Sustainability Research Finds a Home at NDSU

CSMS NDSU PRIVATE DROPBOX FILE | PHOTO COURTESY 11/21/14 - North Dakota State University Graduate students Angel Ugrinov (left), Ramya Raghunathan (center) and Retheesh Krishnan (right) in an NDSU chemistry laboratory.
11/21/14 – North Dakota State University Graduate students Angel Ugrinov (left), Ramya Raghunathan (center) and Retheesh Krishnan (right) in an NDSU chemistry laboratory.What happens when oil goes away?

What happens when oil goes away?

Dr. Mukund Sibi asked me this question last week, something many people have pondered. Along with Dr. Dean Webster, he is working on answering this very question.

Sustainable material science (SMS) has a research department here at North Dakota State. Not only is this a new industry, but it is headed by two men who are passionate about the science as well as our planet.

Mukund Sibi grew up in Bangalore, India, “The IT capital of India,” he said. He did his graduate work in New York at the University of Waterloo and Dartmouth. He moved to Fargo in 1988.

Dean Webster grew up on the East Coast and attended Virginia Tech for his bachelors and Ph.D. After college he went on to work with Sherwin Williams. Followed by working with Eastman Chemical Company. He has been a Fargoan since 2001.

Sustainable material science

SMS in simplest terms is replacing the petrochemical, or fossil fuel based, plastics, with bio-based, or plant based, alternatives.

There are many reasons to do this, as noted by both men; for instance global pollution, sustainability, but also finding new materials.

“It’s not to just replace petroleum based products.” Sibi said.

The overall goal in SMS is to not only save our fragile planet from pollution, but to also provide materials for the future.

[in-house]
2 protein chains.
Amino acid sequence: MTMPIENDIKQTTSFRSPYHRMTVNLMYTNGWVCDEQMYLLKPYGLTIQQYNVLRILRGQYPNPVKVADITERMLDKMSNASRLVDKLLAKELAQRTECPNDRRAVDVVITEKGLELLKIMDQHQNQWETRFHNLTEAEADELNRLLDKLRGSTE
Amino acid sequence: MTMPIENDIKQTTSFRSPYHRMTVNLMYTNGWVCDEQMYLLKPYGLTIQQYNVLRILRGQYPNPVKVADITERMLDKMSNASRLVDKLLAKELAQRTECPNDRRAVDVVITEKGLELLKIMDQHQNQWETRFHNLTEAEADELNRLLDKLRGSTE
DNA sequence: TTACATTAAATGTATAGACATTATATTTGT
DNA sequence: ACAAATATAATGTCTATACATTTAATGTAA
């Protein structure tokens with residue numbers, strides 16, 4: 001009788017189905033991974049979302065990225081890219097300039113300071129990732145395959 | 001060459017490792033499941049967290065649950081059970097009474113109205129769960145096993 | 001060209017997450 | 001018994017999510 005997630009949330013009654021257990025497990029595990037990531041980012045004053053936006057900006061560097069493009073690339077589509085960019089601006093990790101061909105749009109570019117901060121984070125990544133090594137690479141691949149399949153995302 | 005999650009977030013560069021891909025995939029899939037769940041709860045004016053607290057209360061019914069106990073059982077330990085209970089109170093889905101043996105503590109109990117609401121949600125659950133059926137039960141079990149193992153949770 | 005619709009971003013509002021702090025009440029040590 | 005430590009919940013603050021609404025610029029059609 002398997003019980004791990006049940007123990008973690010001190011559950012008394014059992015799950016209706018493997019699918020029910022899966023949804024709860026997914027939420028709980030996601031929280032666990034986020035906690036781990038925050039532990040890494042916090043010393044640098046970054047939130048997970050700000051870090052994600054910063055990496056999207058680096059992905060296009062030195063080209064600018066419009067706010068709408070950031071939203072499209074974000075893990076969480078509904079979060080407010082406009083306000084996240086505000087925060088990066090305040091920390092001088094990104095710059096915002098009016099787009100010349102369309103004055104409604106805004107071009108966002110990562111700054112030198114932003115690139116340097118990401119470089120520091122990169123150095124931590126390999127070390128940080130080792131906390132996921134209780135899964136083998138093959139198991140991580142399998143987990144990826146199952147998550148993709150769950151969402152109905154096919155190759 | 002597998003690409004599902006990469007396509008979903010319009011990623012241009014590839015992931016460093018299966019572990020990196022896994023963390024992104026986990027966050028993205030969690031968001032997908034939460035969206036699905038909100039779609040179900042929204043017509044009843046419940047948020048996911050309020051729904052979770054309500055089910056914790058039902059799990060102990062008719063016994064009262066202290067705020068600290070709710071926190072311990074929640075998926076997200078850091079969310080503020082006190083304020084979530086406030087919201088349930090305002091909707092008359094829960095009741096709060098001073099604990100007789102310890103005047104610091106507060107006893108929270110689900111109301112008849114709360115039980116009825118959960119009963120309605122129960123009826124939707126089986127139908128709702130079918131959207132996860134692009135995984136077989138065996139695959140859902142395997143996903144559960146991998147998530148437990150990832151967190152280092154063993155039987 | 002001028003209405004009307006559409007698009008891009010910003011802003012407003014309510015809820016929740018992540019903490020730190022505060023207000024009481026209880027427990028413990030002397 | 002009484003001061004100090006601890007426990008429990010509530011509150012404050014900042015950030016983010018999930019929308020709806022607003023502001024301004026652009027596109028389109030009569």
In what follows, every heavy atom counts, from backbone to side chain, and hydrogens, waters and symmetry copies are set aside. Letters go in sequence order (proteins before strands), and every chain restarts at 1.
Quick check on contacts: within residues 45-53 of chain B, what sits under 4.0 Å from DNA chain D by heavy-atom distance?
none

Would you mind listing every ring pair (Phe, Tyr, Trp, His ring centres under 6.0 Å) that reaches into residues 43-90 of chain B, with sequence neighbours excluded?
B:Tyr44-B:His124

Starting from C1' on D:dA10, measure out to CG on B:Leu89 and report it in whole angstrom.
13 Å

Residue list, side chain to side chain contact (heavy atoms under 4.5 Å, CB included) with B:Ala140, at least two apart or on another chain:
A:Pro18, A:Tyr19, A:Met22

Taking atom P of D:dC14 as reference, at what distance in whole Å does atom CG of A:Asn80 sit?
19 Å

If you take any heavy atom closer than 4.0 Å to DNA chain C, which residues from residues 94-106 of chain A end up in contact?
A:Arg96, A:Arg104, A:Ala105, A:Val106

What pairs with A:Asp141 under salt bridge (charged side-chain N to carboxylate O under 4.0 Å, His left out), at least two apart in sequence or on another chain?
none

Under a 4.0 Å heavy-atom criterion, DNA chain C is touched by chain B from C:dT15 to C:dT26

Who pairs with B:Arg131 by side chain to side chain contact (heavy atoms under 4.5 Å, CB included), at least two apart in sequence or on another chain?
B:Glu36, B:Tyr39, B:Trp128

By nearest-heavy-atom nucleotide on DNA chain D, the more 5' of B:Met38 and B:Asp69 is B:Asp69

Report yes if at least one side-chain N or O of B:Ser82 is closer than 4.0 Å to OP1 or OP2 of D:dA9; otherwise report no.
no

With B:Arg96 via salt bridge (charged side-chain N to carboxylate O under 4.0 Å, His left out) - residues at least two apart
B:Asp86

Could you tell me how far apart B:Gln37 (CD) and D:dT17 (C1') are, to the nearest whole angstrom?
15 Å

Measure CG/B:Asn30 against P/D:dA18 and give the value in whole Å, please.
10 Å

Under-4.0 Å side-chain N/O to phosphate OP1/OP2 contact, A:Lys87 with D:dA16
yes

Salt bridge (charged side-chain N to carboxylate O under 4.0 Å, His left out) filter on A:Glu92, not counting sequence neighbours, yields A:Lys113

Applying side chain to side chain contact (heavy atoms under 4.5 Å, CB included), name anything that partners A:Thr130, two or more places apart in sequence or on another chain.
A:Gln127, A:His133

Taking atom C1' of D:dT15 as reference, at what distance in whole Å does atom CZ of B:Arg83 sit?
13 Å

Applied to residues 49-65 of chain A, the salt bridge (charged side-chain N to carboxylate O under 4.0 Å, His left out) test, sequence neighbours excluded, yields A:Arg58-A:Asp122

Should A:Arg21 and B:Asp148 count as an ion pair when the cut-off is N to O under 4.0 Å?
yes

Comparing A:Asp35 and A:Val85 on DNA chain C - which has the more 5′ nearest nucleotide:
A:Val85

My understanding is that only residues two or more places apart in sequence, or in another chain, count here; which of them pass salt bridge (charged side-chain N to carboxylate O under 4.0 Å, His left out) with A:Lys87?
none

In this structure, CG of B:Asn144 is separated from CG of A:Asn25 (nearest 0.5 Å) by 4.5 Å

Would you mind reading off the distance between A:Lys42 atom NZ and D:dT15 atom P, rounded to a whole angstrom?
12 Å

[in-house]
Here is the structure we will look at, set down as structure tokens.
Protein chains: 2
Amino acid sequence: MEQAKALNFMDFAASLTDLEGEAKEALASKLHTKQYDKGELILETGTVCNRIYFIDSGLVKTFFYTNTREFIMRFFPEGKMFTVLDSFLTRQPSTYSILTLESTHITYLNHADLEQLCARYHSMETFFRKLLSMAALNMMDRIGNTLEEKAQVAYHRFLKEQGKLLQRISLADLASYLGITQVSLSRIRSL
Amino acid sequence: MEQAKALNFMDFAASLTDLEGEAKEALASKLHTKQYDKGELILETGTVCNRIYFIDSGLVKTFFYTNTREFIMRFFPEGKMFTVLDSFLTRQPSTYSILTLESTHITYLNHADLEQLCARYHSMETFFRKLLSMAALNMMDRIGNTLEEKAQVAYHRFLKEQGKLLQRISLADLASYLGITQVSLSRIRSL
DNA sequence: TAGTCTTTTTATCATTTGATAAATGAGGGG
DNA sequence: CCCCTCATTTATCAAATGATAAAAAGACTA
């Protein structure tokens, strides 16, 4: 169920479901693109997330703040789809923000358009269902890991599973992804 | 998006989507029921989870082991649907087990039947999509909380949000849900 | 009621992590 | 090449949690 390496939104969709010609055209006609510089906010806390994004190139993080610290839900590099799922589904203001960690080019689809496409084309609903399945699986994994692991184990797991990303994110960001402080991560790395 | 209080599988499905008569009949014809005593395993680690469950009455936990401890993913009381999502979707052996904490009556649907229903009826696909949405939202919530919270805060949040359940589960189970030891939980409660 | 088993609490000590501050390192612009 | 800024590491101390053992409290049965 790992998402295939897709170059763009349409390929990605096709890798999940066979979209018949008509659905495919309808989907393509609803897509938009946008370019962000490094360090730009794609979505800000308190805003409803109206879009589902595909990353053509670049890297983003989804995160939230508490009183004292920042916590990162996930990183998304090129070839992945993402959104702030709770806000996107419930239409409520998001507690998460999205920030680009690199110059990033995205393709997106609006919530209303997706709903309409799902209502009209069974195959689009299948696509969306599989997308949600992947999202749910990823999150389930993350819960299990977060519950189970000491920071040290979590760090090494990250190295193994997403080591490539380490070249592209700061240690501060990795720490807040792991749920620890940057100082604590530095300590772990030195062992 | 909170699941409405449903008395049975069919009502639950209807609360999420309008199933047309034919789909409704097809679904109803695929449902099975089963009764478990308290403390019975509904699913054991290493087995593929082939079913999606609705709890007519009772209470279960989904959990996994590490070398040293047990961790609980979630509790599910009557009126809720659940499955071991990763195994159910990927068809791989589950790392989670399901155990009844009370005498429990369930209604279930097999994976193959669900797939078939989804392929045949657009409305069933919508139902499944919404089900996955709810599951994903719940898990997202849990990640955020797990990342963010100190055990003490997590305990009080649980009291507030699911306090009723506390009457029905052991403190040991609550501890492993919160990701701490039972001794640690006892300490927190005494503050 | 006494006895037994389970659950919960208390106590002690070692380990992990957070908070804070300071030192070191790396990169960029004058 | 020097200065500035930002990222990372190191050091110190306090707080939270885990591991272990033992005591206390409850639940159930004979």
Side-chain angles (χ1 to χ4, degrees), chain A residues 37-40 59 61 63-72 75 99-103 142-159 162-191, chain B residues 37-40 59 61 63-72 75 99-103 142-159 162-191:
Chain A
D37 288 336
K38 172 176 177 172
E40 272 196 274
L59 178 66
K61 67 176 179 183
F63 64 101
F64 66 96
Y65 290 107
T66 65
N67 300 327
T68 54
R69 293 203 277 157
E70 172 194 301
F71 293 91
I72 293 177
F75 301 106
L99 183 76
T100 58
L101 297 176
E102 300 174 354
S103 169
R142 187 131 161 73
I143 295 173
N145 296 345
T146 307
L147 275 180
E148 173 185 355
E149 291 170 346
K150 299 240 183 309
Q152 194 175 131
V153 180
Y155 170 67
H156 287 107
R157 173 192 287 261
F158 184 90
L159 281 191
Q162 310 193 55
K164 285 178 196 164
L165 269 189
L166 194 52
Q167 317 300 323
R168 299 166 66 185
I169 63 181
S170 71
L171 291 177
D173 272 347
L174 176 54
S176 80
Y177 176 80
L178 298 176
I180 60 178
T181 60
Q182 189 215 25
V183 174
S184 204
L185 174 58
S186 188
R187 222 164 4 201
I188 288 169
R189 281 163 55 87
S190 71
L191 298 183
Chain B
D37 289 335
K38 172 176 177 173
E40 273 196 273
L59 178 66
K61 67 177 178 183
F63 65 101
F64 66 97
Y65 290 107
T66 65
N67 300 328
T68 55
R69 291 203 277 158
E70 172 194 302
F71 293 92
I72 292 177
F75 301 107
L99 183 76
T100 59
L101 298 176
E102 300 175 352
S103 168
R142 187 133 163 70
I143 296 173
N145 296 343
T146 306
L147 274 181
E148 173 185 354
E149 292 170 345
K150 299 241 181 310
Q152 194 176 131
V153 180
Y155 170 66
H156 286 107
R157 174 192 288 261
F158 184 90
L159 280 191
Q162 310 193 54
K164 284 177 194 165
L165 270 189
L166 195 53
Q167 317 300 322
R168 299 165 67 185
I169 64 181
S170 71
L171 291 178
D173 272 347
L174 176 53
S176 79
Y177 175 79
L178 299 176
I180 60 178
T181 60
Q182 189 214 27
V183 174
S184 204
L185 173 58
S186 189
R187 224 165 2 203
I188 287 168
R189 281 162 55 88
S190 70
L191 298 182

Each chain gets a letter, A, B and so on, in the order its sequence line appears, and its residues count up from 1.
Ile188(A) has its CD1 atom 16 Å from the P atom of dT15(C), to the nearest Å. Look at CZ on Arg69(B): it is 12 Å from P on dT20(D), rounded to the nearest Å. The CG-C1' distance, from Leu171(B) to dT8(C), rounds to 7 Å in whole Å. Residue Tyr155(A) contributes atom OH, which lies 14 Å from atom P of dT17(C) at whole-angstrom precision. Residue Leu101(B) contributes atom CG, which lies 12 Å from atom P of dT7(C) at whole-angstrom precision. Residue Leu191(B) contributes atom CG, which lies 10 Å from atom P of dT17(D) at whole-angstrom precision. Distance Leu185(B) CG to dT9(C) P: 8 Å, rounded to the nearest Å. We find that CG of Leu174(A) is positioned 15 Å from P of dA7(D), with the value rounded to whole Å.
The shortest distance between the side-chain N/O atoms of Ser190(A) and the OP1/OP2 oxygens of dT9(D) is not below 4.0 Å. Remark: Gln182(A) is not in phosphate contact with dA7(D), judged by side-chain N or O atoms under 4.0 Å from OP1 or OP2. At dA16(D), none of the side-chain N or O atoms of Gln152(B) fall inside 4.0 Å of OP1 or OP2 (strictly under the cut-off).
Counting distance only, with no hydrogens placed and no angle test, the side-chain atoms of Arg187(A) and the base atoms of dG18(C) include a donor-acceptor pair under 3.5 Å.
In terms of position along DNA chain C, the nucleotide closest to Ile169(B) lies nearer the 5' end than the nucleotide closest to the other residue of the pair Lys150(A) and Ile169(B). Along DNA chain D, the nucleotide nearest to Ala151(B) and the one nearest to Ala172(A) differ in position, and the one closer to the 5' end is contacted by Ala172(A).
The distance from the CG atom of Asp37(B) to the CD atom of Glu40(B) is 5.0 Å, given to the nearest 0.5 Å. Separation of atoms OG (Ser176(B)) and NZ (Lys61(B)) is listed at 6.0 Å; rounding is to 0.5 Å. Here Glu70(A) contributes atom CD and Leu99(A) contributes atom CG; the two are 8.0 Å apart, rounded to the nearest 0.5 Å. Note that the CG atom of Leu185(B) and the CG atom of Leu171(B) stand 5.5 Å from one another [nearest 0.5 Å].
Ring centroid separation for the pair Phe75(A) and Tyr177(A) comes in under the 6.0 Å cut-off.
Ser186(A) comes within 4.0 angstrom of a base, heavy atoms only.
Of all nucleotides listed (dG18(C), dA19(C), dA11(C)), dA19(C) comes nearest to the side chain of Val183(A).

SMS is not only limited to one discipline either.

“You need everybody,” Sibi told me. SMS requires a worldwide effort, from consumer to producers.

“We have the expertise,” Webster added. “Combining forces we can do things that we can’t alone.”

The two added the world not only needs chemists and engineers, we need people in agriculture, people in marketing. Both men made it clear this is a worldwide effort.


“We all want to hit home runs … But we can’t all hit home runs. But hey we can hit singles,” Sibi said about sustainable materials today.

Webster said the Dasani water bottle is made with 30 percent sustainable materials. Though this is a step, both of the doctors see a future with 100 percent bio-based materials.

As noted by Sibi, the new Boeing 787 Dreamliner is produced out of some composite sustainable materials.

Today both men noted it takes time for a big shift to happen. As of today there are materials available, and there are new ones on the horizon.


“We’re still based on old technology.” Webster said, adding these materials are “as stiff and sometimes better” than their petrochemical counterparts.

Webster added on how in the future, cars are going to have to get lighter and more sustainable. Not only are there materials ready to replace the plastics in cars, but also in some cases the metals.

Of course more testing is required, but Sibi and Webster see a future with sustainable materials. Webster said someday we will be walking around on shoe soles that are made out of 100 percent sustainable materials, but we won’t make a big deal out of it.

We won’t make a big deal about it because eventually, sustainable materials will just simply be better than their petrochemical counterparts.

“People want new materials,” Webster said, adding, “There really are no new polymer building blocks coming out, there hasn’t been for 20 years.”

He continued to say not only are there no new materials being made from petrochemicals, but SMS has produced new materials with new properties.

“We engineer the molecules, so we can generate the materials with the right performance properties,” Webster said, adding these new properties include lighter weight materials as well as stronger materials.

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